Maybe it’s because it’s always a novelty at first. Or maybe it’s because we just can’t handle it. Whatever the reason, Seattleites seem obsessed with those cold white flakes — and the beauty and transportation troubles they bring — whenever there’s so much as a whiff of snow in the forecast.

The second a snowflake showed up on peoples’ smartphone weather apps more than a week ago, the National Weather Service in Seattle got a deluge of messages from people wanting to know what to expect.

It’s not that simple, weather service meteorologist Dana Felton said. Snow in the Puget Sound region requires cold air from the interior of North America to meet moisture from the Pacific Ocean in the right manner and place, which makes it hard to predict in detail very long in advance.

“The bottom line is that we can forecast out to seven days, and beyond that, it’s beyond science,” he said.

But that unpredictability might be part of the fascination.

When we recently asked readers for their most pressing weather questions, a significant portion of them were about snow — even questions submitted long before winter began.

To answer your most common questions, we looked at data from the National Oceanic and Atmospheric Administration (NOAA) and spoke to Felton, weather service Meteorologist in Charge Logan Johnson and radio weatherman Ted Buehner.


The winter of 1968 or ’69 was very snowy. How does the snowfall that season, which paralyzed Seattle at the time, compare with last February’s nightmare?

While the snowstorms from February 2019 may have felt relentless at the time, that year had nothing on the winter of ’68 and ’69 — at least in terms of actual volume of snow.

NOAA data shows 67.5 inches recorded in 1968-’69, making it one of the snowiest winters since records started being kept at Seattle-Tacoma International Airport in 1945. That’s roughly three times as much snow as the winter of 2018-’19, when 21 inches were recorded.

How much snow does Seattle typically get in a year? Has snow become more or less frequent and has that changed over time?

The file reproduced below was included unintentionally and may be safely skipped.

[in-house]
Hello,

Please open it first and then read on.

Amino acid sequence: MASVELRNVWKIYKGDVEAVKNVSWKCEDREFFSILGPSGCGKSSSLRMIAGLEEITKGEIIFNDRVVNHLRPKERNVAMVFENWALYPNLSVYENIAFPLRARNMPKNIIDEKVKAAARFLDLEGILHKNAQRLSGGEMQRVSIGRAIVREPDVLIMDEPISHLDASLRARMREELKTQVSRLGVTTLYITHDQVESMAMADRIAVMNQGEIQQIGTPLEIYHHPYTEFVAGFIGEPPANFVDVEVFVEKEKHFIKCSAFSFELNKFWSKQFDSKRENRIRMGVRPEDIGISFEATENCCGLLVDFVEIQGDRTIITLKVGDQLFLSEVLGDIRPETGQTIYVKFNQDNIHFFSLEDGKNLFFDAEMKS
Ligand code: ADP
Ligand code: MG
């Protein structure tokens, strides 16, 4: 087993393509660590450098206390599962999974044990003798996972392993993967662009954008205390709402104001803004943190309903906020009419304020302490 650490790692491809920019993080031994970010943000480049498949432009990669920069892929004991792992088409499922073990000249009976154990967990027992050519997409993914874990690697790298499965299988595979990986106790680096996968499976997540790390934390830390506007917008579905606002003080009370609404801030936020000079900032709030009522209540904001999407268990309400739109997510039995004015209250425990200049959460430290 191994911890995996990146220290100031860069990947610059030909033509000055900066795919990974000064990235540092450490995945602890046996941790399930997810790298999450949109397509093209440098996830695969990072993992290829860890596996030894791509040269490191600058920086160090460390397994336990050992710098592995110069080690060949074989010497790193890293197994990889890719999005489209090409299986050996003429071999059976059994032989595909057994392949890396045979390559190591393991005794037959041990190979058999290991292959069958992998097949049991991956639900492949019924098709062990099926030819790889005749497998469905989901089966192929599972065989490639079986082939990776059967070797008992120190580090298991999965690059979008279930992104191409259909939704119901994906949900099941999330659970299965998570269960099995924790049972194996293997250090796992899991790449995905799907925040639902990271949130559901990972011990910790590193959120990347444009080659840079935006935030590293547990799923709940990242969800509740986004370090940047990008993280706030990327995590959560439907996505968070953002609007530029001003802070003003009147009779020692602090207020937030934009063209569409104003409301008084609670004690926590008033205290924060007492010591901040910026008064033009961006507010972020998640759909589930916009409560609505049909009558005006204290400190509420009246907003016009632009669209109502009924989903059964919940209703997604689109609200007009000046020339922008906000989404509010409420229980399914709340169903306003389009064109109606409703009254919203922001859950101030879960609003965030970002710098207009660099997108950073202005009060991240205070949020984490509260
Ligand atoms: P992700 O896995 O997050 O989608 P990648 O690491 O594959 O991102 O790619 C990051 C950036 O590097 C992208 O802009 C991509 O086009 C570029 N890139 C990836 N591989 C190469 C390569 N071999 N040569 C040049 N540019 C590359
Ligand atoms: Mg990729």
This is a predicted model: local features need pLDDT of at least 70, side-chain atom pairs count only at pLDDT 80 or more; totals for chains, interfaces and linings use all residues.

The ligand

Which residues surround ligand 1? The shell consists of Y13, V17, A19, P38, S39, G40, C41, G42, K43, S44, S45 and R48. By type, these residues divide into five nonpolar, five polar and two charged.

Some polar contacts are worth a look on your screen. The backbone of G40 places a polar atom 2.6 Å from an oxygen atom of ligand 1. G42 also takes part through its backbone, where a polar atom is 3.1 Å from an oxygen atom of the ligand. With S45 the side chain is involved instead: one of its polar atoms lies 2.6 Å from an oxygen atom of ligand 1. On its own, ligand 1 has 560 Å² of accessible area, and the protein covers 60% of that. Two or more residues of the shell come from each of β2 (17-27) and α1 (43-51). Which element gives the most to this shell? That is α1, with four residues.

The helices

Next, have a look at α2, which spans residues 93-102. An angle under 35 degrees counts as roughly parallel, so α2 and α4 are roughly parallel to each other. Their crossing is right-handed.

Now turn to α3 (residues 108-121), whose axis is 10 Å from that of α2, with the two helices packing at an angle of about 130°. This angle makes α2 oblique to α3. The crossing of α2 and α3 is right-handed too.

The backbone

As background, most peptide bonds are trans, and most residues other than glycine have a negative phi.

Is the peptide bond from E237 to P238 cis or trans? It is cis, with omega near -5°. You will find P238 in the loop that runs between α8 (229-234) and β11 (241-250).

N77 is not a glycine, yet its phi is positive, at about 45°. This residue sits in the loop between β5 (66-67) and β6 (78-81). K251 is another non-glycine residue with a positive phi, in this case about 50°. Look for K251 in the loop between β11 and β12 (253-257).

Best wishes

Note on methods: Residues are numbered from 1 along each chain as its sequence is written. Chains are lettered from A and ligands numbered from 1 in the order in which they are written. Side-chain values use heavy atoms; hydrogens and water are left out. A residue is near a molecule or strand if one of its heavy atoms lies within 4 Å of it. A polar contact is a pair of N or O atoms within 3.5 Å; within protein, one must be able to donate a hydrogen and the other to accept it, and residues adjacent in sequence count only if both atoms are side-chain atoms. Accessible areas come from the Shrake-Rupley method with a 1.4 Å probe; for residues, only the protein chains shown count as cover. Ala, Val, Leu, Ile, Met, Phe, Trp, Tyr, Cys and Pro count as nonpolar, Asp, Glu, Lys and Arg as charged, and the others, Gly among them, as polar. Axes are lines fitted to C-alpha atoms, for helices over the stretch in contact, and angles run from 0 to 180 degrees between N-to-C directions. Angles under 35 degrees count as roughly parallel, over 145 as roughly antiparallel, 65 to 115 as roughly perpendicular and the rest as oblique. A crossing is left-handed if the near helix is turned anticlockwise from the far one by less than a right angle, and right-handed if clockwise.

Buehner: I would say, over time, it has become less frequent. There are a lot of years we get nothing.

Felton: When the amount of snow we get is averaged out over years, we normally get 6-8 inches a year. That number is skewed by the really big snow years. We had a total of 21 inches last year, 1 inch in 2018, 13 in 2017, 1 in 2016, a trace in 2015 and just short of 4 inches in 2014.

Last year was the most snow since 1985, when we had 17.5 inches in November during the Ice Bowl between the Huskies and the Cougars.

Was last winter’s “snowmageddon” a fluke or, as one reader put it, “climate change in motion”? Should we expect more freak storms like that in the future?

Johnson: What we saw last winter could go in the “fluke” category, but the important thing is that [big snow events] are not unprecedented in the history of Seattle. They happen regularly every couple of decades. The interesting thing about last year’s snow is that it all fell in a two-week period. You can look back to the winters of 1968-’69, 1949-’50 and then 1915-’16, and there were 60 inches of snow those winters. Last year, [when] we had 21 inches, it seemed like a lot, but it was only a third of what we have seen in the snowiest winters. It could be another couple decades before one happens again, or it could be this year.

It’s hard to address whether it is climate change in action. There has certainly been variability over the years, but it is hard to say from our perspective whether it is natural variability or human variability. We can look back to anecdotal reports from the 1880s about some crazy snowstorms, but we will never truly know [how much snow there was then]. That doesn’t mean we should discount the possibility that the cycles are being changed.

Felton: I don’t think “fluke” is exactly the right word to use, but it was the most snow we’ve had in 34 years, and it was definitely something different.

Buehner: Probably not a fluke because they do happen periodically. And speaking of the right conditions for the right time, January is our peak month for snow. That means December can be snowy, February can be snowy, but January is when we get the most snow events.

Snow blankets Mill Creek on Monday morning, Jan. 13, 2020. (John de Leon / The Seattle Times)
Several inches of snow in parts of Puget Sound region Monday morning, and more on the way